When New York’s Climate Leadership and Community Protection Act (the Climate Act) was signed into law in 2019, it established a mandate for the most aggressive greenhouse gas reductions of any major economy. It also called for the formation of a Climate Action Council (CAC) to create a scoping plan outlining specific actions the State must take to comply with the law.
The Scoping Plan was released on December 19, 2022, and its recommendations, if approved and implemented, promise a complete overhaul of the State’s energy economy – with major impacts on transportation, buildings, electricity, industry, agriculture and more – including a near-total ban on the use of natural gas by residents and businesses.
The 2024 NYS Budget approved on May 2, 2023, a ban on fossil fuel equipment and building systems in new construction. The ban creates major concerns about energy affordability and reliability.
It depends on the size of the building.
For smaller buildings (seven stories or less), takes effect January 2026. Does not include commercial or industrial buildings over 100,000 sq. ft.
For larger buildings (over seven stories, or commercial/industrial over 100,000 sq. ft.), takes effect January 2029.
The ban will be enforced through permitting. After the effective date, buildings constructed with fossil fuel-powered appliances or building systems will be in violation of building codes, preventing builders from getting necessary permits.
The ban will not apply to: emergency backup power systems, manufactured homes, manufacturing facilities, commercial food establishments, laboratories, car washes, laundromats, hospitals & medical facilities, critical infrastructure, agricultural buildings, fuel cell systems, or crematoriums.
NYS exempts buildings “that require an application for new or expanded electric service … when electric service cannot be reasonably provided by the grid.”
Exempted buildings are not completely off the hook. The regulations will require that exempt buildings limit use of fossil fuel equipment to the fullest extent possible.
No. At this time, the ban only applies to new construction.
This is a significant victory. Governor Hochul proposed a phase-out of natural gas in existing buildings, which would prevent property owners from buying new gas-powered appliances, furnaces, or other building systems.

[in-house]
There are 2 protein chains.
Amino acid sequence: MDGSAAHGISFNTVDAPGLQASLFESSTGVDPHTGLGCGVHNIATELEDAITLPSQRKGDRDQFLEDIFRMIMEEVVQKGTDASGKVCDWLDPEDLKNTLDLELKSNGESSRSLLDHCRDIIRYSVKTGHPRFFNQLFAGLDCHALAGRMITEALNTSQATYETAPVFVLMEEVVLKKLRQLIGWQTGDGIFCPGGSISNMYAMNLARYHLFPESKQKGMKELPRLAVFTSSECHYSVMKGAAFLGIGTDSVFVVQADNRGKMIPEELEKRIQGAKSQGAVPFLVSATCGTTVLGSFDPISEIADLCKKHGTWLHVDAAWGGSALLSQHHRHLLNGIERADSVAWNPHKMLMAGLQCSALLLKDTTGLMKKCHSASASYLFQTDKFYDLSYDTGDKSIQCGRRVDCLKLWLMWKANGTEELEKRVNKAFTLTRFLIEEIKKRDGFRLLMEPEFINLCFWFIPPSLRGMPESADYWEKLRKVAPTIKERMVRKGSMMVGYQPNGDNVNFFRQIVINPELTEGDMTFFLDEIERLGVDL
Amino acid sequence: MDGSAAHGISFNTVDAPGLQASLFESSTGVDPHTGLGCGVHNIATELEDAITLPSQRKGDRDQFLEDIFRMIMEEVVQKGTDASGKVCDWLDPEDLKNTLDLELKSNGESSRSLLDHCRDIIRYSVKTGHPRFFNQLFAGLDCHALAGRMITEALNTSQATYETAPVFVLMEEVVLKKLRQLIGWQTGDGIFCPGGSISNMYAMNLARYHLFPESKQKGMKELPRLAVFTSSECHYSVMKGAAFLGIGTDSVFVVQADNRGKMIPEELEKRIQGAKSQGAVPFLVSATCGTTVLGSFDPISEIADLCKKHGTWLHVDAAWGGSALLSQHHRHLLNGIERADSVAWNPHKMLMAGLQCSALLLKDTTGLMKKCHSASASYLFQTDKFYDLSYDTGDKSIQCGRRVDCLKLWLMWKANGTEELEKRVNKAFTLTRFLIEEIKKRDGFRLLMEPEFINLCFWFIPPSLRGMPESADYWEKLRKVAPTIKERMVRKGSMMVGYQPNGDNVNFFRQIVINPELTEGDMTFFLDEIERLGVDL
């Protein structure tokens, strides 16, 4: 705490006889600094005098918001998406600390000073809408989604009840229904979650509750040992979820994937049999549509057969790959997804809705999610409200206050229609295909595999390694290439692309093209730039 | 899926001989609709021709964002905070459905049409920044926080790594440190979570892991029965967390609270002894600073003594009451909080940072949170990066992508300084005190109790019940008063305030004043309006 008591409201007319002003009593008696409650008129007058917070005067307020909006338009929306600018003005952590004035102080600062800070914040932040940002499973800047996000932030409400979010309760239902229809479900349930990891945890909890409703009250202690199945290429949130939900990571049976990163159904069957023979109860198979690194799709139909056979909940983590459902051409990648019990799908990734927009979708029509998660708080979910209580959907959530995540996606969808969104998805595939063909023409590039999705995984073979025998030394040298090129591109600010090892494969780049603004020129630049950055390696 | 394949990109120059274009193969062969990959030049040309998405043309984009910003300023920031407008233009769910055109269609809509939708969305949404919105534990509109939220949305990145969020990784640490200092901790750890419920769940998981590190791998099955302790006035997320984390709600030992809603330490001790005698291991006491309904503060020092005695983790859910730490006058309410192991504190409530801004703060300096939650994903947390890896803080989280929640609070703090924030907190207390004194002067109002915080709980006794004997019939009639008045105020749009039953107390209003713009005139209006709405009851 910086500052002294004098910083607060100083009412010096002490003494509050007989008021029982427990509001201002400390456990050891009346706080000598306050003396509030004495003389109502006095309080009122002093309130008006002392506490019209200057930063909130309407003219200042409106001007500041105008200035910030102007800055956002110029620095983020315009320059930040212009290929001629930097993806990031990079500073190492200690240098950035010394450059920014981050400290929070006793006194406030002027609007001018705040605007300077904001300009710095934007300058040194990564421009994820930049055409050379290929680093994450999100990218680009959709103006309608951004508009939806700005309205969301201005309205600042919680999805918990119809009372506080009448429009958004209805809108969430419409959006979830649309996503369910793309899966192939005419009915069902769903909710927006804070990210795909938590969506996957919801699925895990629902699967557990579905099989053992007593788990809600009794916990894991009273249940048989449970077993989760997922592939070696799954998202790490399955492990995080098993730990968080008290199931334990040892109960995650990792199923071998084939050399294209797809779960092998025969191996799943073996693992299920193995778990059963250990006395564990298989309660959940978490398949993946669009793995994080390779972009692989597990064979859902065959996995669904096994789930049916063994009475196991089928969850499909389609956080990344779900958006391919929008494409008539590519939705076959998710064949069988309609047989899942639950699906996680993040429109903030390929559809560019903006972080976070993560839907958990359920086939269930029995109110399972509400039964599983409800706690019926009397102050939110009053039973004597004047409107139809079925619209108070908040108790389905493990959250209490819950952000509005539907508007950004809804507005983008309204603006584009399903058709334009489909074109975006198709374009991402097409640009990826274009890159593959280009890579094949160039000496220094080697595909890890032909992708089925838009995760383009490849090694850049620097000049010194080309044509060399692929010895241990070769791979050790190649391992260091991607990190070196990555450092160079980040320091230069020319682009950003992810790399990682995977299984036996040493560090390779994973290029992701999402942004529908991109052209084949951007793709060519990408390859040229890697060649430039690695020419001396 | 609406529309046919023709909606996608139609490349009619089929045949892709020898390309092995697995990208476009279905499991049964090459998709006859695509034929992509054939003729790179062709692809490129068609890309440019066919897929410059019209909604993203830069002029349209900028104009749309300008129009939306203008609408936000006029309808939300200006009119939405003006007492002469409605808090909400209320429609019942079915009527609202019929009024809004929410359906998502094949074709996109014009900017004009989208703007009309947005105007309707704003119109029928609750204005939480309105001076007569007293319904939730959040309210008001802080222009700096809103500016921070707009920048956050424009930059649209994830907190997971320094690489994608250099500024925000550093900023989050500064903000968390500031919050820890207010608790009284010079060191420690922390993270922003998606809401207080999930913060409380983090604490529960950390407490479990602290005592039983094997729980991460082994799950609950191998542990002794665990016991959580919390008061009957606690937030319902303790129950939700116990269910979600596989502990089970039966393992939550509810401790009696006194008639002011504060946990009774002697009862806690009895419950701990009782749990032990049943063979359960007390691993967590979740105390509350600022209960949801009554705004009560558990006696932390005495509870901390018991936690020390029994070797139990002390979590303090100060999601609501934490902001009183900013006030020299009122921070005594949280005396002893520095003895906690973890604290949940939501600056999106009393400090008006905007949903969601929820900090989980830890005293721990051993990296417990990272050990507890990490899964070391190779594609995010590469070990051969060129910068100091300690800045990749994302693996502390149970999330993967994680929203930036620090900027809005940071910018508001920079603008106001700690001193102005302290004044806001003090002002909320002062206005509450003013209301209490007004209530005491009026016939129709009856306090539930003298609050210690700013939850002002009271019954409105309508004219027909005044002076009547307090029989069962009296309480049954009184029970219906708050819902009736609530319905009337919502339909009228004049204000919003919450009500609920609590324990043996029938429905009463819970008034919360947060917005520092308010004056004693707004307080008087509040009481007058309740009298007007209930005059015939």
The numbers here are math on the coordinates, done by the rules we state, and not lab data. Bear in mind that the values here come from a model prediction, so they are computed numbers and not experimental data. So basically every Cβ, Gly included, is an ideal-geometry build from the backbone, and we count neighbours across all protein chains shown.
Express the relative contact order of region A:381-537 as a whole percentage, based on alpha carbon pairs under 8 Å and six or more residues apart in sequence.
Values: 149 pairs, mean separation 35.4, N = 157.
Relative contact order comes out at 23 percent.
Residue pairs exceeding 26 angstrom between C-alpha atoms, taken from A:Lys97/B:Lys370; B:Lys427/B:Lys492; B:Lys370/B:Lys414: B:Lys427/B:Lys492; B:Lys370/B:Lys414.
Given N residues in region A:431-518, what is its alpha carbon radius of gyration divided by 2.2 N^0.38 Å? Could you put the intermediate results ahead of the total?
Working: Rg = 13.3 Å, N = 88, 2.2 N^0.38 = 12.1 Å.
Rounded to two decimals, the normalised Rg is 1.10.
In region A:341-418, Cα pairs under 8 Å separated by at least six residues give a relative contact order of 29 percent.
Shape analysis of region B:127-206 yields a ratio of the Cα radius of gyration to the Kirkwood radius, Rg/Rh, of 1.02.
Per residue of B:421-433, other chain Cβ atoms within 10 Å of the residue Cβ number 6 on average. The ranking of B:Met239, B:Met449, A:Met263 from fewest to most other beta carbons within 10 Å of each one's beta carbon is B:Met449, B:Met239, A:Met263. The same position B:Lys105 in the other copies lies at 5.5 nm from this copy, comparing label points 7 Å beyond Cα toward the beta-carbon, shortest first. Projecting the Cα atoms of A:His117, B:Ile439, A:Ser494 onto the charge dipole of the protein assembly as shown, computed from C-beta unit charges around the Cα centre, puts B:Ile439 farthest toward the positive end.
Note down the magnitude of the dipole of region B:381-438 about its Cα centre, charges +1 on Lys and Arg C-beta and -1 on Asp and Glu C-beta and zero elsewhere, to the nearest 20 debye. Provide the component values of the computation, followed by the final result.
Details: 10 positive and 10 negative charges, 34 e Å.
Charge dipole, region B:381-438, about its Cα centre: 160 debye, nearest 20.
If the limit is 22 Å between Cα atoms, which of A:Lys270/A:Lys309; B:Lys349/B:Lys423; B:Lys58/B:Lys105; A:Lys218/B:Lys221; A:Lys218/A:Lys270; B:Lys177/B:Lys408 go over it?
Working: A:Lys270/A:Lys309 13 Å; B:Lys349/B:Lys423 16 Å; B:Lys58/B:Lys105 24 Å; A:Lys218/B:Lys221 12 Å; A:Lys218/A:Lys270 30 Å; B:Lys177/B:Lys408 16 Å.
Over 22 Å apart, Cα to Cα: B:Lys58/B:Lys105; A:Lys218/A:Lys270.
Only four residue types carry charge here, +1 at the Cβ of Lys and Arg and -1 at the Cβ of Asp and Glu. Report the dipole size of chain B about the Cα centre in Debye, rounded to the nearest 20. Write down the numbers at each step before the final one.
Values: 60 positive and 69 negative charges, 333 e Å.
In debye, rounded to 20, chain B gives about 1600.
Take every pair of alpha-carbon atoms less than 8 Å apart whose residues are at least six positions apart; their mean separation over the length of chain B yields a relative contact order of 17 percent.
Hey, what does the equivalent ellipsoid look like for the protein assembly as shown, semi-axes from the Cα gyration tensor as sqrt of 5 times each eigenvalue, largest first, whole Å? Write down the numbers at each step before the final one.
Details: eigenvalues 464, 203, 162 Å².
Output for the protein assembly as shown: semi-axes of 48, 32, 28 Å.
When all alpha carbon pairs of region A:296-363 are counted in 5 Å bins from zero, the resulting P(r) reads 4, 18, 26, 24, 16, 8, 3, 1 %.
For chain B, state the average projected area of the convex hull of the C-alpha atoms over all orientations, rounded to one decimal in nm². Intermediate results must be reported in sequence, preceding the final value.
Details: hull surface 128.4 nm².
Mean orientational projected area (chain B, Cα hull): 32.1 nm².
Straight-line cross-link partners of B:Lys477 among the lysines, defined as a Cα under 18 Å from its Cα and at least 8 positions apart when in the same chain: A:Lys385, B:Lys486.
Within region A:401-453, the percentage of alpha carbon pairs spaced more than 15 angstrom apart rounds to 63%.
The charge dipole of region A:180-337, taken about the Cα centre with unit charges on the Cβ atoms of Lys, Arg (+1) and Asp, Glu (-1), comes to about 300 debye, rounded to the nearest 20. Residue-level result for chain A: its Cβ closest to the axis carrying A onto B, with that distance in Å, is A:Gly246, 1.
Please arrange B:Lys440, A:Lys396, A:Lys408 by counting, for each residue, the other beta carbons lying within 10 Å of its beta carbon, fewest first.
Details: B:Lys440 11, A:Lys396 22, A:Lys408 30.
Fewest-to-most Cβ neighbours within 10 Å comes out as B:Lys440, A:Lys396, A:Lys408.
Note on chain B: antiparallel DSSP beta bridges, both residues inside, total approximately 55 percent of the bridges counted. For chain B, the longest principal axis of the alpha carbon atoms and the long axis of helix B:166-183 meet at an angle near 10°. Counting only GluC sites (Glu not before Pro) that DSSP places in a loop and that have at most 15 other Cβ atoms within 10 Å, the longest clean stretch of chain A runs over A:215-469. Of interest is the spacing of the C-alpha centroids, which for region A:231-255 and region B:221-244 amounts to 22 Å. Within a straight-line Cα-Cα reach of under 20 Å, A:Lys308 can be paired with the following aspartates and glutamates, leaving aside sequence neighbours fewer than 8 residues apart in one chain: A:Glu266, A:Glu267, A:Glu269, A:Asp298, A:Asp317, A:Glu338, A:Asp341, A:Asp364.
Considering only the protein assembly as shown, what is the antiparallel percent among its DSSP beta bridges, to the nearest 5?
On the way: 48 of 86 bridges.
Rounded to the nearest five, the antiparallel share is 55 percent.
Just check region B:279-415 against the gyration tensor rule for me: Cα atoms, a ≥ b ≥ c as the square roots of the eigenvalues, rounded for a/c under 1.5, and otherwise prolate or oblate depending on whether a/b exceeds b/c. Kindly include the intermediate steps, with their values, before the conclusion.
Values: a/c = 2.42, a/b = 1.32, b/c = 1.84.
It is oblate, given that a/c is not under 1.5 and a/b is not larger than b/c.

Possibly. After resounding public opposition, lawmakers realized the immense costs of retrofitting existing buildings with new, electric equipment.
Without a clear mechanism to help residents bear those costs, lawmakers were uncomfortable imposing the ban on existing buildings though many remain very interested in reducing emissions from existing buildings.
Once it takes effect, this law will increase both construction and operating costs for any employer moving into a new building. Employers should budget and make commercial/industrial space decisions accordingly.
Those in the construction industry should research which non-fossil-fuel-based equipment and building systems are most cost-effective.
Developers and property owners should consider how to adjust financial models for new construction projects after this date, and also assess how the law impacts their valuation of existing buildings.
The WNY Delegation voted along party lines, with all Democrats voting for the gas ban, and all Republicans voting against it.
According to a Siena poll fielded in January 2023:
National Fuel believes the best emissions reduction pathway is one that recognizes regional differences to provide environmental and economic sustainability while achieving the State’s emissions reduction targets and maintaining energy delivery system resiliency, integrity and reliability. Our “All-of-the-Above Pathway” is a more affordable and practical way to meet New York’s Climate Act goals for Western New York homeowners and businesses.
Scale-up investment in energy efficiency measures that emphasize weatherization and building shell retro-fits.
Wide-spread adoption of hybrid/dual-fuel gas furnace and electric air-source heat pump HVAC systems.
Use existing, modernized natural gas infrastructure to incorporate low-carbon fuels like RNG and hydrogen.